Leila Sarraf takes a look at the complex flavours of Persian cuisine, and probes Mrs Bahar from restaurant Galleria in London for her deepest culinary secrets.
**Leila Sarraf takes a look at the complex flavours of Persian cuisine, and probes Mrs Bahar from restaurant Galleria in London, for her deepest culinary secrets.**
Persian food remains the lesser known cuisine when it comes to ‘Middle Eastern’ fare. Yet it’s one of the most ancient and diverse cuisines alive today. Enriched with a long history of influences from the ancient Babylonians and Assyrians to the Greeks and Romans, Turks and Russians, the food is a delectable showcase of culture and ideas. There are many Persian restaurants popping up all the time throughout London. However, Persian cuisine is one that is best sampled in people’s homes, where slow cooking methods and recipes handed down through generations brings the best out of the dishes. Of course accessing home-cooked dishes such as these isn't possible for everyone and so the next best thing is the restaurant Galleria, on New Cavendish Street. Here Mrs Bahar prepares dishes with the same love and attention as one would find in an Iranian household.
Galleria originally opened fifteen years ago as a coffee shop and gallery, showcasing Mrs Bahar’s husband’s art work. From here Mrs Bahar also conducted the occasional catering job and soon enough customers started to request Persian food to be served on the premises. “I started making snacks like Koo Koo Sabzi (herb and walnut frittata) and Salad Oliveh (eggs, chicken, potato and mayonnaise salad originating from Russia)” muses Mrs Bahar, “but then of course, people started asking me why I don’t cook pollo ghoreshts (rice with meat stew), and so I started to introduce that into the coffee shop”. Her loyal customers started to spread the word of Mrs Bahar’s tasty cooking, amongst friends and colleagues and before she knew it, she was setting up a fully fledged restaurant which now counts celebrities such as Barbara Windsor and Joan Collins as regular customers. The menu at Galleria covers an assortment of appetizers such as mirzeh ghasemi (charred aubergine, fried eggs in tomato and garlic sauce), mast mousir (yoghurt with finely chopped elephant garlic) and kashk-e-badenjan (aubergine with herbs and soured yogurt).
Mrs Bahar tells me “There are no starters in Persian food. We lay everything out together at once and eat a little bit of everything. But we have separated the dishes on the menu to fit in with the customs of eating here”. There is also a choice of the renowned kebab, (the national pride and joy of Iran). Forget greasy and fat laden take-away imitations, for the Persian kebab involves subtly marinated skewers of lamb and chicken accompanied by a glistening mound of Chello (steamed rice), juicy grilled tomatoes and a sprinkling of Somagh (dried and powdered sour fruit). Then there are the daily specials known as ghoreshts. These comprise predominantly of lamb or chicken mixed with delicate herbs, vegetables and fruits such as sour cherries, apricots, orange zest and pomegranates and subtly flavoured with cinnamon, turmeric, dried limes and saffron – the gold of Iran. My personal favourite is Fesenjoon, a warming stew of pomegranate molasses with crushed walnuts that can be served with both chicken or lamb. All the ingredients are slow cooked and delicately balanced to create flirtations between sweet, salty and sour.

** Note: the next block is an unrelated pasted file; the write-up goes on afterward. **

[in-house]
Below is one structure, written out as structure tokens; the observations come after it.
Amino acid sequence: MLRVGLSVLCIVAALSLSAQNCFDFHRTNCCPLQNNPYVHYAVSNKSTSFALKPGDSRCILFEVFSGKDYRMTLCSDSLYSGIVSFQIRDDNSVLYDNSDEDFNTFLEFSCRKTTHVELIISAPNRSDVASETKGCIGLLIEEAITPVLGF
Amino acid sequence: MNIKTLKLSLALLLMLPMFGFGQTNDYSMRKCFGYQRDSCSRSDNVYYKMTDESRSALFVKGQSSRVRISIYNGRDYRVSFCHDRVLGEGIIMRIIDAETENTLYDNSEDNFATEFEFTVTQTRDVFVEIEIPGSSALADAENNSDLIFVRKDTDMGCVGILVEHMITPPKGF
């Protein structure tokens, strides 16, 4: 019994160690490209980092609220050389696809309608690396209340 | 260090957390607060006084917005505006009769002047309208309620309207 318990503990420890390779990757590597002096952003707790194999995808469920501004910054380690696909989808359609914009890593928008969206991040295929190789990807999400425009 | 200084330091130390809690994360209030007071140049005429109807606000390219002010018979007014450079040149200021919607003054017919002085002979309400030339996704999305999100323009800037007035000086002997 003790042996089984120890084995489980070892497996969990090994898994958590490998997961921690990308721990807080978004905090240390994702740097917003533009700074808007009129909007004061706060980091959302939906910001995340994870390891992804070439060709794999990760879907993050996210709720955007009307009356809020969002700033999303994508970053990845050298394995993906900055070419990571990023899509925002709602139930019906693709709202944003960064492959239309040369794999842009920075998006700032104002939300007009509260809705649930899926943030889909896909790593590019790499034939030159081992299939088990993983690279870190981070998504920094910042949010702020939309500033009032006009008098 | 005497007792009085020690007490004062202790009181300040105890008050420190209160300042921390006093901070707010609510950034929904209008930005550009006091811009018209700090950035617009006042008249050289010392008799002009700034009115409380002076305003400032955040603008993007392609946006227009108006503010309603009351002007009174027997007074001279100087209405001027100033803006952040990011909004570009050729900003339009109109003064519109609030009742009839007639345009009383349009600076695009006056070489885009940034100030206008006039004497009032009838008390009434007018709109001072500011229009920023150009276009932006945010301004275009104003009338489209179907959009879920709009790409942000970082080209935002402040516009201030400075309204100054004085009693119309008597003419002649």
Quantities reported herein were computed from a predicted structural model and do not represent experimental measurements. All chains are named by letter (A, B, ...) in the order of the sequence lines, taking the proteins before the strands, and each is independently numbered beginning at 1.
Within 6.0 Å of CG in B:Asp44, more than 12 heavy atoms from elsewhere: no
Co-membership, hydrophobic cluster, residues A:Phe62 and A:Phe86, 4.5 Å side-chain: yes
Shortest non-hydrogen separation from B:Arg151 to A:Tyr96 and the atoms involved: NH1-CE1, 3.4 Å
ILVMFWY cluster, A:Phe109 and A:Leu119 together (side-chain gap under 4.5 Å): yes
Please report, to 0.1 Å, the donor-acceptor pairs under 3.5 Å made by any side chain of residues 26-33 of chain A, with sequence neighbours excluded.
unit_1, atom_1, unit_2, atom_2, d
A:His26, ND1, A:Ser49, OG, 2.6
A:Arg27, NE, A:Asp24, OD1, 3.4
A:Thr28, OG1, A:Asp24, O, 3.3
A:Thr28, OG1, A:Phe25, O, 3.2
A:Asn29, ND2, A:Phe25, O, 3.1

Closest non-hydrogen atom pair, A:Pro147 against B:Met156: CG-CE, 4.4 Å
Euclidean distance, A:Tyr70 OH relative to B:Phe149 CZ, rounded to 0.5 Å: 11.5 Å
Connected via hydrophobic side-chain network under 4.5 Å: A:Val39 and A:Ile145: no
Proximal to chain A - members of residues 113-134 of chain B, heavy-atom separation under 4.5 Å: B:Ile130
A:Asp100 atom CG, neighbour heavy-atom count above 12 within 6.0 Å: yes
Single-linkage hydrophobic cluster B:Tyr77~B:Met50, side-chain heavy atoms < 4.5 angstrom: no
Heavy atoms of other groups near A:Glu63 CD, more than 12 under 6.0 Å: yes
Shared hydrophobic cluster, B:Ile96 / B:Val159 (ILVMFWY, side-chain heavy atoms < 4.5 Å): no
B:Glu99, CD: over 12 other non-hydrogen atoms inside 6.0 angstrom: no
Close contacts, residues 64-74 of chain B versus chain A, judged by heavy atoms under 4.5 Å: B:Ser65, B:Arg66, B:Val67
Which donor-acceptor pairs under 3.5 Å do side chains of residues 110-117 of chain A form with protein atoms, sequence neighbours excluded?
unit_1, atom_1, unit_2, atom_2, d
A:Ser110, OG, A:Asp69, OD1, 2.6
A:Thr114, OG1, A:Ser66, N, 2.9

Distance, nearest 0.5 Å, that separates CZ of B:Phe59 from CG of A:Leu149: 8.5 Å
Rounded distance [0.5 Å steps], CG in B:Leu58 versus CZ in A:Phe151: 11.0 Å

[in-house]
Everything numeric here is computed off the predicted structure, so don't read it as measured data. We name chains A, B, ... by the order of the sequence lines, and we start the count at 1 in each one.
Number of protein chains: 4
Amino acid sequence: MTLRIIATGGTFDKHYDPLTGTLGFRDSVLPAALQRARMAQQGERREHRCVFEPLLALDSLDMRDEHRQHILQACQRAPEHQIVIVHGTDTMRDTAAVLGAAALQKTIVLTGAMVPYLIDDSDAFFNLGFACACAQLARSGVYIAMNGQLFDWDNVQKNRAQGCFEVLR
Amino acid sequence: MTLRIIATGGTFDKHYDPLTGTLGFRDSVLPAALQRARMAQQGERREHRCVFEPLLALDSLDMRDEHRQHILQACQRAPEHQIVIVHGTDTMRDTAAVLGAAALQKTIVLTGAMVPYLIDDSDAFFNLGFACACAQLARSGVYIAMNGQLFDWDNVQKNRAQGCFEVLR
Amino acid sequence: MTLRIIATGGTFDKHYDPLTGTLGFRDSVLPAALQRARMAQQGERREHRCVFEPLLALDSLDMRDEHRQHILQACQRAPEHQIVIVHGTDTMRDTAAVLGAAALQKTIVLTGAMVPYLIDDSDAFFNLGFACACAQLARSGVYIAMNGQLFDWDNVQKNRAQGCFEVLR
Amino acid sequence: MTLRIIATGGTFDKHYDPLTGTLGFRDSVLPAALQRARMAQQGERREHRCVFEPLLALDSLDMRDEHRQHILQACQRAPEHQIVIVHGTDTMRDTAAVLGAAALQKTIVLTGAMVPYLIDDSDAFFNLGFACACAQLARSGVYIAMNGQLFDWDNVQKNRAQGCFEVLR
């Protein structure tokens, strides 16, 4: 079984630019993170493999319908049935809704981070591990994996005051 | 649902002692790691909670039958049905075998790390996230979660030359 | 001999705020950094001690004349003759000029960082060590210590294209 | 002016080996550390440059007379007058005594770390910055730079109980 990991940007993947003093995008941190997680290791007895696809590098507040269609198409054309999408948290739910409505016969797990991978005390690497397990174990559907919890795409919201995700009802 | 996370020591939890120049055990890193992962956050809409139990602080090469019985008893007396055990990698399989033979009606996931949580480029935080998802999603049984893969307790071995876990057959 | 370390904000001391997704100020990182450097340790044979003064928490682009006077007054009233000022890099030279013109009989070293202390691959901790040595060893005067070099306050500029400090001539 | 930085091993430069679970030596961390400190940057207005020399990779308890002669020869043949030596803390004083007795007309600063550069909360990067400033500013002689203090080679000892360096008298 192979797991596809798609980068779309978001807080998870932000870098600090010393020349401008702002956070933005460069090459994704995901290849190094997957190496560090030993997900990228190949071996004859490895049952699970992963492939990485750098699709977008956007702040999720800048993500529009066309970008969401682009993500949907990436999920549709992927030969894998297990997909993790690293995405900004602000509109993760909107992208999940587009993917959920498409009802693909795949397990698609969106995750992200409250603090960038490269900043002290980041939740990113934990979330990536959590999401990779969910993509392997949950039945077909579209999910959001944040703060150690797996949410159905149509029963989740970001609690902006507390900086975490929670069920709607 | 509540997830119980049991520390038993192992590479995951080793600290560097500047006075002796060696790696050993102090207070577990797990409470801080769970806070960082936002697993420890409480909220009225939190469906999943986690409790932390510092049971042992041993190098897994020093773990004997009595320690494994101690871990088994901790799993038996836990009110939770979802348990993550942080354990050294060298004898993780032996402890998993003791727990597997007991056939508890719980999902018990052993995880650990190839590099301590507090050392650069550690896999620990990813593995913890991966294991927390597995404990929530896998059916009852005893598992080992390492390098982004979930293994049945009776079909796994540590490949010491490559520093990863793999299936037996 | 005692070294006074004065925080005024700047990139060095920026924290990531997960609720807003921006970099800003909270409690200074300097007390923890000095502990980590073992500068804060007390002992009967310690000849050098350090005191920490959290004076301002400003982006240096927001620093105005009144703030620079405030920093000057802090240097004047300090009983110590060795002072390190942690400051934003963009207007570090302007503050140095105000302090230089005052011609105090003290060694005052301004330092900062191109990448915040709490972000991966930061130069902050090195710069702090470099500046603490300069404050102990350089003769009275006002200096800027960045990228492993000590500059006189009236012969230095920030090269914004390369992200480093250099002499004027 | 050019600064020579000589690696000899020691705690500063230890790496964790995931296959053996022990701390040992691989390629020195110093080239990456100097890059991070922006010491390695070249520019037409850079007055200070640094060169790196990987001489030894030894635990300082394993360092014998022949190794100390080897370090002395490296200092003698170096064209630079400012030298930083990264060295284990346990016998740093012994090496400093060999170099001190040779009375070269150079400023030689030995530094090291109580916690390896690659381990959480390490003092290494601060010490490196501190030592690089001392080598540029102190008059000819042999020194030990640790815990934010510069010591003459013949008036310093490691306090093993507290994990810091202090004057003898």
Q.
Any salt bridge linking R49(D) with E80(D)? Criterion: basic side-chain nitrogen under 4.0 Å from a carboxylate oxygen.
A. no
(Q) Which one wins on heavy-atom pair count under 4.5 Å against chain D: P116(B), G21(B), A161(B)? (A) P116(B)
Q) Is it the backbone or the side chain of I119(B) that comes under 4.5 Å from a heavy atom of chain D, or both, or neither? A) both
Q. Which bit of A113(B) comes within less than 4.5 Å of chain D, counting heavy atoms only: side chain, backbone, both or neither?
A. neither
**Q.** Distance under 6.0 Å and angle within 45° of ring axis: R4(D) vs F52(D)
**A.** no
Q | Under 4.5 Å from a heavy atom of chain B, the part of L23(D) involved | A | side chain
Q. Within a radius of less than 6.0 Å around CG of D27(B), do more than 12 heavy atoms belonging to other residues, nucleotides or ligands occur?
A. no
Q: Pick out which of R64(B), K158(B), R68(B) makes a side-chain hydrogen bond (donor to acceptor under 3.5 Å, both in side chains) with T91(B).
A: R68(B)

“Persian food is not fast food. It requires a lot of preparation,” says Mrs Bahar. “ The first principle of cooking Persian food is dedication and love. If you have that, your food will be delicious!”. A great place to start with Persian food, is with the berenj (rice). After all it’s the fundamental staple of any Persian dish. There are two common ways to prepare the rice; polo and chelo. Polo consists of vegetables, fruit and/or meat, mixed in and cooked at the same time as the rice (similar to a pilaf). Whereas Chelo is prepared by parboiling rice, draining the water and then leaving it to steam over a long period of time. This method results in fluffy grains of rice that are wonderfully separated, rather then clumped and sticky. It also creates the prized Tahdig; a crispy golden crust at the bottom of the pan which is often fought over in Iranian families. Mrs Bahar’s tips for cooking Persian rice are to wash the rice several times before cooking, to get rid of the starch (this is key to preventing stickiness) and to steam the rice half way, using a piece of thick cloth or towel at the top of the pot to absorb the vapours. There are many varieties of rice in Iran, which are not available here, so the next best thing is to use a long-grain rice or Basmati. When it comes to sourcing ingredients for Persian food, your local supermarket is not the ideal place to start. Instead a small venture to one of the many Middle Eastern or Persian food shops in London will equip you with authentic ingredients as well as inspiration to spend the time and care required to create the unique and mouth-watering dishes that represent one of the most diverse empires in history.